Disgraced biomechanic Phillip Syntax has been forced into obscurity by his beloved mentor and betrayed by his lover. Having lived in a long, self-imposed seclusion, Syntax is visited by a legendary soldier, who offers Syntax a chance to restore his name by accompanying him on an unprecedented journey-by-air to claim the North Pole. Unwilling to go but unable to refuse, Syntax and his servant find themselves aboard the Northern Fancy, an airship commissioned and manned by the legend himself. Among the hand-picked crew of experts is Syntax’s estranged love, Geraldine, a doctor who left him for his mentor years before. Geraldine oversees the health of the crew with the help of a “vitamin” injection designed to ward off the looming cold of True North.
So here I’ll say that, diving into the first few chapters of Tonia Brown’s The Cold Beneath, I didn’t have high hopes. The concept was cool and pretty solid, but I was turned off immediately by the overly flowery prose and characters who felt completely overwrought; characters whose names were teetering on the brink of ridiculous (I’m looking at you, Gideon Alabaster Lightbridge) and whose dialogue tried just a little too hard.
That said, I’ll admit it: I’m a picky reader. It’s like a bad habit, and as annoying as it might be to other people, there’s no question that it’s most annoying to me. Grammatical errors shut me down. Spelling and typing mistakes drive me bonkers. “Bad writing” in any form makes me actively angry. Okay, if I’m telling the truth here, I’m not picky – I’m militant. That militancy makes me a passable writer; it also makes being a reviewer tremendously difficult. So I work at it. I work hard to always be fair, to be sure to highlight the good I find in any piece of work, and to remember, above all, that I’m not always right.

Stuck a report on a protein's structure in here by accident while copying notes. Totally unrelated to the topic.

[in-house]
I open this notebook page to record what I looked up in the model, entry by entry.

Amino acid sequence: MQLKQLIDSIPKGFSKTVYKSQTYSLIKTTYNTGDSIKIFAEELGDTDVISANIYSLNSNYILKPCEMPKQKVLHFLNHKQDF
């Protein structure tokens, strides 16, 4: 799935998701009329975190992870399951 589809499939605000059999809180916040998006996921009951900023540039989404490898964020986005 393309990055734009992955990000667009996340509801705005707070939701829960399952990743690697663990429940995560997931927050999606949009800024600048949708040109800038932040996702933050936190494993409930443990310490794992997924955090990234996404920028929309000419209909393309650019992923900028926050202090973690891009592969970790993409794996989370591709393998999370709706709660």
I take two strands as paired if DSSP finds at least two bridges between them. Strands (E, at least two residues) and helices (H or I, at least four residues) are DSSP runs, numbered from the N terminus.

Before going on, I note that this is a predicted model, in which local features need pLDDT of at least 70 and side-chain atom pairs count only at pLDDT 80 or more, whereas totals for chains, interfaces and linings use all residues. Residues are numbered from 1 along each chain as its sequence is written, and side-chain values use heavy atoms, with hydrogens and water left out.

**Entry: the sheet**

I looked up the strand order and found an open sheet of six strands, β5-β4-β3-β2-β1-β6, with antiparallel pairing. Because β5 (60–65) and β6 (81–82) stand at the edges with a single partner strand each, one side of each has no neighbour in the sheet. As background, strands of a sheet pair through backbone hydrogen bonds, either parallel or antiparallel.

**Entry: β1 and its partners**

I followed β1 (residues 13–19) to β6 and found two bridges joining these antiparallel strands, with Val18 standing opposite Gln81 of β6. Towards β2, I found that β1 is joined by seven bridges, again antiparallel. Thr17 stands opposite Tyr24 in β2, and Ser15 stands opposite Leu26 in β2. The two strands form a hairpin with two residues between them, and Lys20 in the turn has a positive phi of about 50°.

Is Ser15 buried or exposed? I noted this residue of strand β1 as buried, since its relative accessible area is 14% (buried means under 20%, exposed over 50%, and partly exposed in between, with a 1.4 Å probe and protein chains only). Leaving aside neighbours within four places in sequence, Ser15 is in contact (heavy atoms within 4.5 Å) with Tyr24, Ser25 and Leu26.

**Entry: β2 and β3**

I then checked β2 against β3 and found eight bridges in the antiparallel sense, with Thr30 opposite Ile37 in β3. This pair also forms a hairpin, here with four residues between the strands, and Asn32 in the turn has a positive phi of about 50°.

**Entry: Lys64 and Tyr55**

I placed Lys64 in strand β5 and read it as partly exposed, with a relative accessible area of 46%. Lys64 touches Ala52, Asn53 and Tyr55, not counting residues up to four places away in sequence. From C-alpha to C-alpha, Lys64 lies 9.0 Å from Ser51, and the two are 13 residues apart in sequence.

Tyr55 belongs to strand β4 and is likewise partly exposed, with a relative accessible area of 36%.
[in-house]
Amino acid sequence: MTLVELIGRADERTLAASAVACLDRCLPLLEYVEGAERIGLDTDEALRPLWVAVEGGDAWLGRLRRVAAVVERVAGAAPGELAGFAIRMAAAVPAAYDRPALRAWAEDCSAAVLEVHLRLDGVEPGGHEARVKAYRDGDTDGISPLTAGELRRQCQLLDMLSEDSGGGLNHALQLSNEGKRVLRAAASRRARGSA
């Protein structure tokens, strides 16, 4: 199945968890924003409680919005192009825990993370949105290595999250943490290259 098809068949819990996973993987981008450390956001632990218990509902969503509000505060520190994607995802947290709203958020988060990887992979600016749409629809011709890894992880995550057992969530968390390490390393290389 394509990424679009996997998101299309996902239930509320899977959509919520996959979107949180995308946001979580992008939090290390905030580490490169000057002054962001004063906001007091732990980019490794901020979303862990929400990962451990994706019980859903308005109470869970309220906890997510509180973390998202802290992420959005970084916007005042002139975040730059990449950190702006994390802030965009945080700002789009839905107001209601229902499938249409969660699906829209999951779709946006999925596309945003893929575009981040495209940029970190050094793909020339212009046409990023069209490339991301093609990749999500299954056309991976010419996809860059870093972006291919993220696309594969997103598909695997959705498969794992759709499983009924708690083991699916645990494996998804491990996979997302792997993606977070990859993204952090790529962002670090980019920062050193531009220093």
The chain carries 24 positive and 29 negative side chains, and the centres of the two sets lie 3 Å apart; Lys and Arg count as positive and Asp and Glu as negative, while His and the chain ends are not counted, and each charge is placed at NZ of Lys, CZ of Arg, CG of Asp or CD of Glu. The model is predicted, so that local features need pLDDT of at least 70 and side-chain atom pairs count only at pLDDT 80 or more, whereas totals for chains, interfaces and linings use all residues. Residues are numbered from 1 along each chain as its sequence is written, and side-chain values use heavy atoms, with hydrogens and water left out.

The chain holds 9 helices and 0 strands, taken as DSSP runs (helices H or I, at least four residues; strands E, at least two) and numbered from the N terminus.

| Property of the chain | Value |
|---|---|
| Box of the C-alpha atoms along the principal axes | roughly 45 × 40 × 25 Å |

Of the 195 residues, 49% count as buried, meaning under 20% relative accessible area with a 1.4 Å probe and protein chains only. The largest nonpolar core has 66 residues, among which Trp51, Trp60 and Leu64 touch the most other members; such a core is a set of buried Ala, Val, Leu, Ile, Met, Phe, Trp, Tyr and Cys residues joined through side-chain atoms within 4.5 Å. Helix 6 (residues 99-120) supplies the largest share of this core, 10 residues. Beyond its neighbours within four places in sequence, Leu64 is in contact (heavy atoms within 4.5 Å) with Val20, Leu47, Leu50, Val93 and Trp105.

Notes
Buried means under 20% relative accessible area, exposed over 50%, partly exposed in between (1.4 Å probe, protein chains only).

So here’s where I eat crow. While The Cold Beneath did suffer from a pretty shaky start, it recovered quickly and found its voice. Brown has a pretty firm grasp of horror genre basics, and comes through with a narrative that is ultimately engaging and legitimately scary. Perfectly paced, the story moved quickly, but never felt as though it was rushing toward its goals. Brown’s take on the zombie model is fresh, creates tension, and works extremely well within the narrative structure. While the gore never goes over the top, there’s plenty of solid, satisfying zombie violence to be had.
Overall, The Cold Beneath really is enjoyable. Horror fans will dig the unique twist on the often-overused zombie theme, while fans of sci-fi/fantasy will get a kick out of the clockwork world the characters inhabit. There’s a little something for everyone here, and Tonia Brown does a good job of tying everything together to create a bleak-but-fun cross-genre zombie adventure.
Kara is a Senior Office Assistant for the Center for Genomics and Bioinformatics at Indiana University. A past English major and lifetime writer, she has also served both as an actress and behind-the-scenes assistant for several projects with our friends at Clockwerk Pictures. Kara lives with her husband in Bloomington, Indiana. In her spare time, she is a freelance editor/proofreader for international students at Indiana University, and serves as an organizer of the Dark Carnival Film Festival (www.darkcarnivalfilmfest.com).